I care if he delivers on his promise.

He was installed (by the US government) to demonstrate to a fracturing Iraq -- and a targeted and disenchanted Sunni group -- that democracy -- in some form -- was still a possibility for Iraq.

We'll go into democracy or 'democracy' in Iraq in Thursday's snapshot.

But for now, let's just note that Haider's installation as prime minister was a last gasp effort to try to save Iraq -- last gasp effort by the US government.

And let's note that Barack declared, eleven months ago, that the only answer to Iraq's crises was "a political solution."

Now if that was sincere, if the whole point was to trick and screw over the Iraqi people (yet again), then the US government should have been aiding and facilitating reconciliation.

They should have made every weapon delivery, every equipment delivery, every bit of financial aid promised and delivered conditional upon steps towards national reconciliation.

Not empty words, mind you, but actual steps, actual actions taken.

You laugh he said you think you're immune
Go look at your eyes they're full of moon
You like roses and kisses and pretty men to tell you
All those pretty lies pretty lies
When you gonna realize they're only pretty lies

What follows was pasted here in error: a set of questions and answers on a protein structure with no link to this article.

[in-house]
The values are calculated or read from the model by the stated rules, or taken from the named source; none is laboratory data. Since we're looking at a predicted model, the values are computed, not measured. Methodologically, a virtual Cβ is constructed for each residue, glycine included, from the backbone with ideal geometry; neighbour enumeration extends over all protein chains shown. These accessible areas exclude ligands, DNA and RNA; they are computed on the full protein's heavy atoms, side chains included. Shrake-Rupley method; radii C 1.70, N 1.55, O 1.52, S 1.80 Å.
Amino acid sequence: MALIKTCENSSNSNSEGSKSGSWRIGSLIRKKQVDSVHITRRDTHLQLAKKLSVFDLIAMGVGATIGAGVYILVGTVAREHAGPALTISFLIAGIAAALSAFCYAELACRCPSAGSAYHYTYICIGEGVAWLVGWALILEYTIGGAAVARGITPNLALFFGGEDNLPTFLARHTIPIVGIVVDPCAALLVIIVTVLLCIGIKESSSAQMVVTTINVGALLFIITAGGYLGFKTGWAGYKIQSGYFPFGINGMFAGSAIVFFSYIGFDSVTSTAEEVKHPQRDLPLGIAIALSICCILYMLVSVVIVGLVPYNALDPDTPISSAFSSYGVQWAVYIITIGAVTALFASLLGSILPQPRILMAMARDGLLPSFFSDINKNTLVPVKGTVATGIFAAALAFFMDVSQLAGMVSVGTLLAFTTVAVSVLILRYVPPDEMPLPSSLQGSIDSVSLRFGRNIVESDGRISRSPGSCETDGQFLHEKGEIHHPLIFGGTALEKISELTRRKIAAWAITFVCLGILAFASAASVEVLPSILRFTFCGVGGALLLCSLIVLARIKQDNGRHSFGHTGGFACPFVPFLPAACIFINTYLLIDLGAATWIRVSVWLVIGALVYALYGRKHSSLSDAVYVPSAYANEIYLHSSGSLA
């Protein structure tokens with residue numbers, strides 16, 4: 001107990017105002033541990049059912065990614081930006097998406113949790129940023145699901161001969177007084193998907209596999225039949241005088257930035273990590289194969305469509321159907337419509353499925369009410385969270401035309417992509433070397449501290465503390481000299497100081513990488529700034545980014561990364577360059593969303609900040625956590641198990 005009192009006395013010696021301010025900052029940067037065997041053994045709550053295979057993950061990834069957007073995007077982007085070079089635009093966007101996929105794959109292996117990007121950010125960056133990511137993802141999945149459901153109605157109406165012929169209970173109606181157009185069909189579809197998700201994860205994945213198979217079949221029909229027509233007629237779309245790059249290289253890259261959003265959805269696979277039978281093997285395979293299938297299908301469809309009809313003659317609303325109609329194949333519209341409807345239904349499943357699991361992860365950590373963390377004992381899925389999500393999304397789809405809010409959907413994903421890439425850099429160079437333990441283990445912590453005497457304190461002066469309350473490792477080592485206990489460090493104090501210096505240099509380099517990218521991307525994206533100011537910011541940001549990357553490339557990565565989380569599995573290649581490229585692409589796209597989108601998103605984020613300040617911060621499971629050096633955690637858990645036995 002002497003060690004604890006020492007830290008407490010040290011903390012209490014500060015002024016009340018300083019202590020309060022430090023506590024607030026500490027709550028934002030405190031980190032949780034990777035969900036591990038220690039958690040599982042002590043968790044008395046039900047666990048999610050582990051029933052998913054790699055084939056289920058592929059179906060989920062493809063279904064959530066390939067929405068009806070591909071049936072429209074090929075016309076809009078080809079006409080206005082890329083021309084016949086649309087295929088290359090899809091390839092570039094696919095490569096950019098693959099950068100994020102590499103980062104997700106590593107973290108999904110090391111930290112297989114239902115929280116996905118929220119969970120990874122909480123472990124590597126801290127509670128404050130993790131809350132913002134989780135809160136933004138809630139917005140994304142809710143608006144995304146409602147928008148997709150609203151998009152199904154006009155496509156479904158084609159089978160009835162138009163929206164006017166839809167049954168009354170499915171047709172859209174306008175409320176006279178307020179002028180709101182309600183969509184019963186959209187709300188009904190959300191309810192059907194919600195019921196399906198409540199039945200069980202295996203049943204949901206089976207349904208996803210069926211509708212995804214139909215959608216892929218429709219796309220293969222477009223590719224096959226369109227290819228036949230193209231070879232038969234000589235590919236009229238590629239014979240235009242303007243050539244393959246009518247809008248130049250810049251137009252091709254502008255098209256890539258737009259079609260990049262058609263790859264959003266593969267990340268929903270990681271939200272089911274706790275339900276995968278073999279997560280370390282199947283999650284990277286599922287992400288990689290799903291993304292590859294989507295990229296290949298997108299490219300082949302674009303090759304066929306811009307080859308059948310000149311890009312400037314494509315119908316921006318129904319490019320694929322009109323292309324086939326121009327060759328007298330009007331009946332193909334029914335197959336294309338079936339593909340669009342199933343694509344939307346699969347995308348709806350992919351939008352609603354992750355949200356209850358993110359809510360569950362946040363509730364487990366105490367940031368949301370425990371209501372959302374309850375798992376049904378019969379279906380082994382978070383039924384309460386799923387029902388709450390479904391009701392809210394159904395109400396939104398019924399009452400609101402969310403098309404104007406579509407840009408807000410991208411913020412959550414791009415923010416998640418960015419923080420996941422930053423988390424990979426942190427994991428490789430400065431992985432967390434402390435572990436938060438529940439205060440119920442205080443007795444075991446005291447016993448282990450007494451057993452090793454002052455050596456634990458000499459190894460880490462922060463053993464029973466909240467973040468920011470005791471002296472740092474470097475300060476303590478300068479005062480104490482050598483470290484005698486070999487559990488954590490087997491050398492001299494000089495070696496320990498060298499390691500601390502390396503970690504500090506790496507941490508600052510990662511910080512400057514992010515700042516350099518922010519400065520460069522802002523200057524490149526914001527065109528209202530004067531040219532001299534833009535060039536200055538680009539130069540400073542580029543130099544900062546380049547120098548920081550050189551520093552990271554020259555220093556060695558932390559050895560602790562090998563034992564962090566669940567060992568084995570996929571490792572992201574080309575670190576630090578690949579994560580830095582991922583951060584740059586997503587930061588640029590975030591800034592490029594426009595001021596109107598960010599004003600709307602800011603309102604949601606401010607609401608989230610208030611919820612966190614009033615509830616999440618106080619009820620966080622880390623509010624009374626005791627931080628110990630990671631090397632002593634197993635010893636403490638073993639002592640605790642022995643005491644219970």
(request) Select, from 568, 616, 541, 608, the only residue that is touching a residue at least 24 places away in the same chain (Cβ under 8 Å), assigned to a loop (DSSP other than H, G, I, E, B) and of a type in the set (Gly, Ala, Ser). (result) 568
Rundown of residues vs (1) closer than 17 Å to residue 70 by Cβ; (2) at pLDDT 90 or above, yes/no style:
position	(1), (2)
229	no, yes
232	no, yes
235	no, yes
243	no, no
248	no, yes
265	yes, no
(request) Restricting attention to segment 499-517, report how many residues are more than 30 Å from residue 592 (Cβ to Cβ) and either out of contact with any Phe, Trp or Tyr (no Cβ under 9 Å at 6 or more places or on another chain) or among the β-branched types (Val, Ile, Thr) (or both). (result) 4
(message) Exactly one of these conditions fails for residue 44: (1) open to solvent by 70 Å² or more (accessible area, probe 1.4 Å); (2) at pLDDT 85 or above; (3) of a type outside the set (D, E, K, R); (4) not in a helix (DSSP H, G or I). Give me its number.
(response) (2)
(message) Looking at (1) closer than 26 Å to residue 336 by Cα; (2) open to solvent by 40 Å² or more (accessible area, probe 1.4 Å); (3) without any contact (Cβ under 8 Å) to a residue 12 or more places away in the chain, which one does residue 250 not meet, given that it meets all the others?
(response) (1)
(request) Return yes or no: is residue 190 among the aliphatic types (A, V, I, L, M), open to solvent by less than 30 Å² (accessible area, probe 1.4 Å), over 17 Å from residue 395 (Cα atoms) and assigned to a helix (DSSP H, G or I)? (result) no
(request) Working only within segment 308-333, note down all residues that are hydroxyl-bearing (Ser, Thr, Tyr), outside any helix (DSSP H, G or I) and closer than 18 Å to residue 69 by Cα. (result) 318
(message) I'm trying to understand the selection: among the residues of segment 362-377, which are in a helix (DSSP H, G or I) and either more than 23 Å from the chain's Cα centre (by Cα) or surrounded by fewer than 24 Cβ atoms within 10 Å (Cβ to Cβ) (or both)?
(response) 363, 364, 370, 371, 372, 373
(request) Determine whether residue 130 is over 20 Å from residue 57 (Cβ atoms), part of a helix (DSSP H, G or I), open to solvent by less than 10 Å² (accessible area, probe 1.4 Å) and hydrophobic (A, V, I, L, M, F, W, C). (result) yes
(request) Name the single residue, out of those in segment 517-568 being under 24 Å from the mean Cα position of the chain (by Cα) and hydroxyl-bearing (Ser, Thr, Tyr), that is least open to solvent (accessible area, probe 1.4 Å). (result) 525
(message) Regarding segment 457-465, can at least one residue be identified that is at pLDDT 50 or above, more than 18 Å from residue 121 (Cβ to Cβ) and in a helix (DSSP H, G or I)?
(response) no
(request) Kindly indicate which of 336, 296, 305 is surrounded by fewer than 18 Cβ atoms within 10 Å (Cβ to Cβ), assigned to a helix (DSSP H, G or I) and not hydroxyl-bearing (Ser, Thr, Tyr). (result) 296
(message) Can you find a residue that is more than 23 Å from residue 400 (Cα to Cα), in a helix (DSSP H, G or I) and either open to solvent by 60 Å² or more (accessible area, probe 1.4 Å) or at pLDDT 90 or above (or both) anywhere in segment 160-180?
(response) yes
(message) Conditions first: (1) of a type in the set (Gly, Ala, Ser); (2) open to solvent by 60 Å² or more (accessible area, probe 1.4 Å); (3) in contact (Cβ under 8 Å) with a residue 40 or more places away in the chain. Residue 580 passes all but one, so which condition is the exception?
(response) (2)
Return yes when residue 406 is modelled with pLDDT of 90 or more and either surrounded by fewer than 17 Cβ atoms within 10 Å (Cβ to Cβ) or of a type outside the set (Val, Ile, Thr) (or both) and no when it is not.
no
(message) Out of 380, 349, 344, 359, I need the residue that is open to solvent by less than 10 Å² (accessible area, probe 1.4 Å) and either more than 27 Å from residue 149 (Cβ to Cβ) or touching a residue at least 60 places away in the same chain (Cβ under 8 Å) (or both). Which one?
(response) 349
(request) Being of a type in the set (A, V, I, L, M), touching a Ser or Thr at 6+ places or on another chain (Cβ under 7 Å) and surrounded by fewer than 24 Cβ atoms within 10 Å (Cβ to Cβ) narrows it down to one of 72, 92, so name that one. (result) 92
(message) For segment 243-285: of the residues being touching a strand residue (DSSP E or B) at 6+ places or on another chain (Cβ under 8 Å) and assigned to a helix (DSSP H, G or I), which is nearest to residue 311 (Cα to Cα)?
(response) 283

Only pretty lies just pretty lies

-- "The Last Time I Saw Richard," written by Joni Mitchell, first appears on her Blue album

Those pretty lies aren't doing a damn thing to help Iraq.

And it's a sign of just how awful thug Nouri al-Maliki was as prime minister that Haider al-Abadi doing nothing for eight months is a sign of 'improvement.'

Or treated as though it is.

There is no improvement.

You can argue things are getting worse.

Haider clearly has no control over the Shi'ite militias.

The US government has lost the support of Ammar al-Hakim, leader of the Islamic Supreme Council of Iraq (a Shi'ite political group -- with ties to two Shi'ite militias).  al-Hakim spent all of last month publicly slamming the United States government.  He's made this week about praising the government of Iran for its help and insisting that its done an outstanding job in the fight against terrorism.